Bruce Mau believes that far from being a hopeless case, the future of the planet is in safe hands. Mau, who is speaking at the Future of the Future presented with Spark Lab on August 15, told Charles Anderson how his philosophy of looking at the world as a design problem gives him optimism for the future.
The quote stuck with him – Bruce Mau had stumbled upon it in the dusty annals of history and he simply could not shake it. He discovered it in the work of historian Arnold Toynbee, who wrote in 1957 that “the twentieth century will be remembered chiefly, not as an age of political conflicts and technical inventions, but as an age in which human society dared to think of the health of the whole human race as a practical objective.”
It was the biggest idea that Mau had ever heard. It continues to inspire the Canadian designer, who co-founded the Massive Change Network, and is now the chief design officer for Freeman, one of the world’s top events and experiential marketing companies.
“Imagine saying that, having lived through World War II and the worst killing in human history,” Mau says.
Toynbee lived through the Blitz, through influenza epidemics, and the Great Depression. He covered wars for the Manchester Guardian and even interviewed Adolf Hitler in the mid-1930s who told Toynbee of his limited expansionist aims. Hitler convinced him. Toynbee lived through all that and thought no, this period in history will not be remembered as one of destruction or innovation, but as more of a design problem.
That idea was something that Mau, as a designer with decades of experience, believed that all fellow designers were committed to. He believed they committed to practical objectives and then figured out ways to get there.
“Designers think about the future and imagine a better one,” he says.
Toynbee’s quote dates back to 1957. Mau discovered it in the early 2000s. So, 50 years on, he set about trying to investigate whether the biggest idea he ever heard was true. The results surprised him. But they shouldn’t have.
“Not only is it true,” Mau says, “it is so radically true that it is staggering that we don’t believe it. It is shocking that it is not the dominant narrative of our time.”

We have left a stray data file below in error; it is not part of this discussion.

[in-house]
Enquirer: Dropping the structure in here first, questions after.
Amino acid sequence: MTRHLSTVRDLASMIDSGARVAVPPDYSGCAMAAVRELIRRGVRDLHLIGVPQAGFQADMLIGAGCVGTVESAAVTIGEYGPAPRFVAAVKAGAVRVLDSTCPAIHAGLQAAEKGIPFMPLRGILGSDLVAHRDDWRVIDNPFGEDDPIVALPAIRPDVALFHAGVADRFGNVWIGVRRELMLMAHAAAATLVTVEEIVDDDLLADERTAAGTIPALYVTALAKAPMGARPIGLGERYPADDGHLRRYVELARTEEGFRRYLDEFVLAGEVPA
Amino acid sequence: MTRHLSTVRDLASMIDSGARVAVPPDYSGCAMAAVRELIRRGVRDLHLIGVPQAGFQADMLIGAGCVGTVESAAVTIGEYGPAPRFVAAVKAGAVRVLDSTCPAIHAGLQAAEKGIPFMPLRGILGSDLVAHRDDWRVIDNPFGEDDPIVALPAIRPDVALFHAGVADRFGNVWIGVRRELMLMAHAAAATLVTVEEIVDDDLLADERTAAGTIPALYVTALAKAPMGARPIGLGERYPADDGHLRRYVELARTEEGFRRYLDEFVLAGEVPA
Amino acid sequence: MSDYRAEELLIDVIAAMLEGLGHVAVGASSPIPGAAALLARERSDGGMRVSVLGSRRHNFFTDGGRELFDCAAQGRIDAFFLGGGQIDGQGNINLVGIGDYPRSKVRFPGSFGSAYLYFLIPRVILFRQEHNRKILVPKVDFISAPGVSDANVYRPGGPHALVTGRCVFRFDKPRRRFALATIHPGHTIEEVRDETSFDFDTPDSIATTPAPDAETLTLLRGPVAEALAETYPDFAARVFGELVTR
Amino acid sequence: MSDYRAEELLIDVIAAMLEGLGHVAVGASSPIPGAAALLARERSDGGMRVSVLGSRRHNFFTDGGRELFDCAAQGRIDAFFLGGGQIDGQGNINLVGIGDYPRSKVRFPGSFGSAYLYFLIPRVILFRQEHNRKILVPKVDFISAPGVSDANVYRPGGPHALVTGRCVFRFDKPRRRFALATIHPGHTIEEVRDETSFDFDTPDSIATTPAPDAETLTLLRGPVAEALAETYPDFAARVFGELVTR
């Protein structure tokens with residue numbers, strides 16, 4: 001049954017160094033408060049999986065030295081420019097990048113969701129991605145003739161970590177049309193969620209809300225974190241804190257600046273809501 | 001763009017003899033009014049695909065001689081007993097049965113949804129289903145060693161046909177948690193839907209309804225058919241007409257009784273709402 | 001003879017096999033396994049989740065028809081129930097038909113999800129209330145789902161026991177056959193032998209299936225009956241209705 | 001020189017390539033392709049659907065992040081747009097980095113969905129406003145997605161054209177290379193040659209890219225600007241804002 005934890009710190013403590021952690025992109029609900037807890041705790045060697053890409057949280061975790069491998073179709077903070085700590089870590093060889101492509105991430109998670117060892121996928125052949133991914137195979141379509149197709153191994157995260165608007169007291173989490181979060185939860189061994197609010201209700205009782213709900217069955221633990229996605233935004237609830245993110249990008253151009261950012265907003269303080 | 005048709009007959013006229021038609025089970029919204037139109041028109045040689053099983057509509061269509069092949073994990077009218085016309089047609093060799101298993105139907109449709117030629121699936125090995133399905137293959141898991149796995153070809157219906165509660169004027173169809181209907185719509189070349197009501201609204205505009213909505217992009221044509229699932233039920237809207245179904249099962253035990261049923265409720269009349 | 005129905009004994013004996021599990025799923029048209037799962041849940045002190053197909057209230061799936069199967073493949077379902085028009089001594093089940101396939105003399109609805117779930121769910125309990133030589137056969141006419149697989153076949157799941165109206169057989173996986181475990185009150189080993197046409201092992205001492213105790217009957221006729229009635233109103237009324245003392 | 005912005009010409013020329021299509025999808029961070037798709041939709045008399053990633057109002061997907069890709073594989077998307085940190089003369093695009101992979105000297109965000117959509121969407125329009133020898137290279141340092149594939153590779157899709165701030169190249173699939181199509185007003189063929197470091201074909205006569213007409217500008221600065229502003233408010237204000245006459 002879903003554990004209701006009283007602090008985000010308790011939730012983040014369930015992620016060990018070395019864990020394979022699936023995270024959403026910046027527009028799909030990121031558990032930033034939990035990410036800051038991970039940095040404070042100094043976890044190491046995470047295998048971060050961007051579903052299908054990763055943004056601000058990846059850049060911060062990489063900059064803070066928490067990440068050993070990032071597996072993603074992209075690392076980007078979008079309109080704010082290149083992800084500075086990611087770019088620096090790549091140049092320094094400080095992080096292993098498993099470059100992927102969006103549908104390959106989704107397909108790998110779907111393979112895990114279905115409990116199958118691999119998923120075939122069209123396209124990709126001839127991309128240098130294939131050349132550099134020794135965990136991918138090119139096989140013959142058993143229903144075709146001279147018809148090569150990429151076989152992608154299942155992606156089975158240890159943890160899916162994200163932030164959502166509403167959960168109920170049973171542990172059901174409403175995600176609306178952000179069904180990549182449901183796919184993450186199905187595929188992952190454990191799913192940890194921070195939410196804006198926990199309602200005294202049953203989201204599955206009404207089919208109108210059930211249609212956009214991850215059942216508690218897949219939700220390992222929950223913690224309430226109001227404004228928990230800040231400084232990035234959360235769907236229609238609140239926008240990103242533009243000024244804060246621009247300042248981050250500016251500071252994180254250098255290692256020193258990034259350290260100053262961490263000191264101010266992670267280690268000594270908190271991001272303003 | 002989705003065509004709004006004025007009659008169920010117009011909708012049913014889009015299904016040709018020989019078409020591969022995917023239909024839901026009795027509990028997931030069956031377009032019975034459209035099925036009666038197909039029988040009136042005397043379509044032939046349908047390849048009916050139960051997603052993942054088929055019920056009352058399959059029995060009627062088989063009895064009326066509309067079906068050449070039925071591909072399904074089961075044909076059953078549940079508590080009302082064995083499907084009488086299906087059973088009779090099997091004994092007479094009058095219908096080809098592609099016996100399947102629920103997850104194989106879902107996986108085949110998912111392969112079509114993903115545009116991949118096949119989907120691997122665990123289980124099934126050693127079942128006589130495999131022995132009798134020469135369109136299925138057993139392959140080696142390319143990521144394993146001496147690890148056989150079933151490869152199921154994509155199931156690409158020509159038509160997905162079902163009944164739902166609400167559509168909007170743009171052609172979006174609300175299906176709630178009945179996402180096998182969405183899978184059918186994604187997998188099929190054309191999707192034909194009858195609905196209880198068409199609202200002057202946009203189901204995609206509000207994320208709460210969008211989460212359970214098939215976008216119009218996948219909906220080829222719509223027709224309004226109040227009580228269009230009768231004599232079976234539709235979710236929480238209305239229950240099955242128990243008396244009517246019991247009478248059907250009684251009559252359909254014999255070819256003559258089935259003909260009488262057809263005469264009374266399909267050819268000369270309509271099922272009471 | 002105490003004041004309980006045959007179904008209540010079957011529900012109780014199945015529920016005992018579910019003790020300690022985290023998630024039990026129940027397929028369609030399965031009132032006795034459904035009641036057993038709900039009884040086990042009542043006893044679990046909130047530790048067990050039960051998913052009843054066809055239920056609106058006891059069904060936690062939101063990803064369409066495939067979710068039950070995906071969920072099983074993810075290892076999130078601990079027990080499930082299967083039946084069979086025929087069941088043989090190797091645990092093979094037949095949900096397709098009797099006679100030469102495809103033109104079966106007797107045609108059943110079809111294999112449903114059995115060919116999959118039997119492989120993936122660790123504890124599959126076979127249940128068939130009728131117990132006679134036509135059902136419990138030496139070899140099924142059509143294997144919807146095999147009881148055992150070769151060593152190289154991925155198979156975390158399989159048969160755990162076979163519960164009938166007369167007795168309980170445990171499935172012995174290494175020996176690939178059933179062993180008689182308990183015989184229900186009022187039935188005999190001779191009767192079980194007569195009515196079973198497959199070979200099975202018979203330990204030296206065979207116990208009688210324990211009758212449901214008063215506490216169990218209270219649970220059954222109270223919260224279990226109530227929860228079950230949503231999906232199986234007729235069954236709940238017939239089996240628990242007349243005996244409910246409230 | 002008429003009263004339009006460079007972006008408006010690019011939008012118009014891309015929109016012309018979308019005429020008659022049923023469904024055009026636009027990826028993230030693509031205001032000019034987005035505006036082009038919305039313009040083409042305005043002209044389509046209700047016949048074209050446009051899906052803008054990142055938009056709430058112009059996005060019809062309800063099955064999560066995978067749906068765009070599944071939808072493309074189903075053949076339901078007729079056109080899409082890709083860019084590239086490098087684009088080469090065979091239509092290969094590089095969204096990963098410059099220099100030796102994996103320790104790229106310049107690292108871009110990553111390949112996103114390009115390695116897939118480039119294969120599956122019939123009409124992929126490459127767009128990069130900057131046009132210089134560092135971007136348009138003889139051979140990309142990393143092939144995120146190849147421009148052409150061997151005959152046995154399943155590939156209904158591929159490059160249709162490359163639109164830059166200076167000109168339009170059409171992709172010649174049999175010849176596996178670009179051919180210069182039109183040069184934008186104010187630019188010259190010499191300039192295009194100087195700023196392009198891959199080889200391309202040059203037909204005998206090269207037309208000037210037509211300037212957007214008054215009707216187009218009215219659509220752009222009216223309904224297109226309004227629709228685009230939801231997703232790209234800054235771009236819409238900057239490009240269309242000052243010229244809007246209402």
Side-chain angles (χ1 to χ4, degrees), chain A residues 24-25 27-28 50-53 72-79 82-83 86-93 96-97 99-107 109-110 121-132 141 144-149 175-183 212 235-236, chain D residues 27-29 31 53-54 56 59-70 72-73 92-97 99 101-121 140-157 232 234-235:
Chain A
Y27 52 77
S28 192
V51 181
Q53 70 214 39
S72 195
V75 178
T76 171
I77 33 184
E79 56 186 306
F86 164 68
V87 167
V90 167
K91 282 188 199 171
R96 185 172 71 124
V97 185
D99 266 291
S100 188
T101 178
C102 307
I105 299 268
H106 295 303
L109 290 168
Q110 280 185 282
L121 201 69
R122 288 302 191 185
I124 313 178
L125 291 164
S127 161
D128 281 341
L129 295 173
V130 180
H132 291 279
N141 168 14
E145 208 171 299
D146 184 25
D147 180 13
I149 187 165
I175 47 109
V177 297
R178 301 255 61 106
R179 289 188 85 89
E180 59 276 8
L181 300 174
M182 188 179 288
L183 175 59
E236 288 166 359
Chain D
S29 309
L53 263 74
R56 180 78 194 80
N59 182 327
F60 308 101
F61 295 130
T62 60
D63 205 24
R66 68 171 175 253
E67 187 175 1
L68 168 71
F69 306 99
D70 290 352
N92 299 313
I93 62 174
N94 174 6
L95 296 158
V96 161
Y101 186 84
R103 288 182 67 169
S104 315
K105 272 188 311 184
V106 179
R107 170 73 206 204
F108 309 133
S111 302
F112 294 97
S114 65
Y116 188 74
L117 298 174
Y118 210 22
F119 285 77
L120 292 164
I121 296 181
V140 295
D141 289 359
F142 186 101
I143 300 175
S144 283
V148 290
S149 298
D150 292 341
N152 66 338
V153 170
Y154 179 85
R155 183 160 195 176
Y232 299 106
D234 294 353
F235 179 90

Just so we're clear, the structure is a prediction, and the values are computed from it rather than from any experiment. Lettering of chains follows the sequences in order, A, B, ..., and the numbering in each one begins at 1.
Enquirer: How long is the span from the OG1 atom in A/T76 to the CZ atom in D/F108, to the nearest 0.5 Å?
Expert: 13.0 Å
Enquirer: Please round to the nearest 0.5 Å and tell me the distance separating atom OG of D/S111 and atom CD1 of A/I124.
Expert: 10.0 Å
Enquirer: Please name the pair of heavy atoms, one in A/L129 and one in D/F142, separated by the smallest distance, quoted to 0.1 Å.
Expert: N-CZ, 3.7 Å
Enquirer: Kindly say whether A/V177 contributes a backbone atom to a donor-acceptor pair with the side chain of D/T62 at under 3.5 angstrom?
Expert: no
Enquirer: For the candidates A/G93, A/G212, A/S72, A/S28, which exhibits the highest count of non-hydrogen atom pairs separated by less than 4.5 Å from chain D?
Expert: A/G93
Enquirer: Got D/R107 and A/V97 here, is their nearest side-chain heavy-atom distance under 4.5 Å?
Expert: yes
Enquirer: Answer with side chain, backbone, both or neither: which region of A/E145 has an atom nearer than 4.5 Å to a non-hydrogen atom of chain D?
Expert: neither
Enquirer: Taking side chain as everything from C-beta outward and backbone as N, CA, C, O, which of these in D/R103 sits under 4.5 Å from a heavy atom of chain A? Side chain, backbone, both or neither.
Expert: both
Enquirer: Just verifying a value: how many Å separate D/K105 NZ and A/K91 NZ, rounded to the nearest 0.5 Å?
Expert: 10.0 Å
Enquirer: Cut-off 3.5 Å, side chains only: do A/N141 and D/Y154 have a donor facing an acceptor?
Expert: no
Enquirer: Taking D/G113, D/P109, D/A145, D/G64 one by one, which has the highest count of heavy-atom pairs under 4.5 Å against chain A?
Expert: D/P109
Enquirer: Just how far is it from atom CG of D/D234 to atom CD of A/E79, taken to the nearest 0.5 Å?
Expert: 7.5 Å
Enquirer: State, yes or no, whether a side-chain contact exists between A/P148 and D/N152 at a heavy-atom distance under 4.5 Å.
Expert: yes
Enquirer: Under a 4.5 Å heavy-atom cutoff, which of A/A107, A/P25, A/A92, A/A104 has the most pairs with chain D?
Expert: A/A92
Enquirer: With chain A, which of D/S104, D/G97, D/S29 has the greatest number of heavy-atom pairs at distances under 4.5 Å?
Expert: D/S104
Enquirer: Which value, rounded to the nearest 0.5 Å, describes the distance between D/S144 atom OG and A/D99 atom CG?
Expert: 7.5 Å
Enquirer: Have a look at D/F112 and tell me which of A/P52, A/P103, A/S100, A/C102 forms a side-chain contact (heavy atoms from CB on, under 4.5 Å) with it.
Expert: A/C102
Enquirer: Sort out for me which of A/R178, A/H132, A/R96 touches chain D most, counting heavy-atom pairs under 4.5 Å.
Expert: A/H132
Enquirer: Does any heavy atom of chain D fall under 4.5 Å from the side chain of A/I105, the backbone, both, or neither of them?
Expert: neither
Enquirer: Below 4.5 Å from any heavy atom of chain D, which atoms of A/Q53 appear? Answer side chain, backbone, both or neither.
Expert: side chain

That is why, partly, one of Mau’s recent projects tried to solve that very specific problem.
Mau grew up on a farm outside of a mining town, six hours north of Toronto, Canada. It was a place where, in the winter, the temperature would drop to minus 40 degrees for weeks on end. He always loved playing with words and images but in those cold days his greatest concern was jumping on a snowmobile to get water from a well, some distance away, to bring back home. There was no running water in the winter.
“We had the last farm on the road to the northern wilderness,” he says. “There was nothing.”
Where he grew up the only places that men worked were in the smelter or the mines. The work was toxic. Men died young. But instead of following that path, Mau went to university. He failed. But before dropping out, his mind was opened.
“It provided everything a college should; it blew my mind, it introduced me to a new language, and I met a new group of people.”
Twenty-five years later that same university gave him an honorary doctorate. What Mau did in those 25 years was figure out the practice of design. This was beyond playing with words and images. This was about how to use those words and images for a purpose that tackled real problems.
“It is the practice of practicality,” he says. “Design shares a lot of cultural dimensions with art and it needs the emotional connection of art to succeed, but it begins and ends with metrics and impact. It is creativity and discipline.”
Mau was excited by this new discovery and started his career in Canada before arriving in London to work at a design company which had a variety of corporate projects on its books. He hated it.
“There was something false about it,” he says. “It wasn’t satisfying to me. There wasn’t any social ambition to the work.”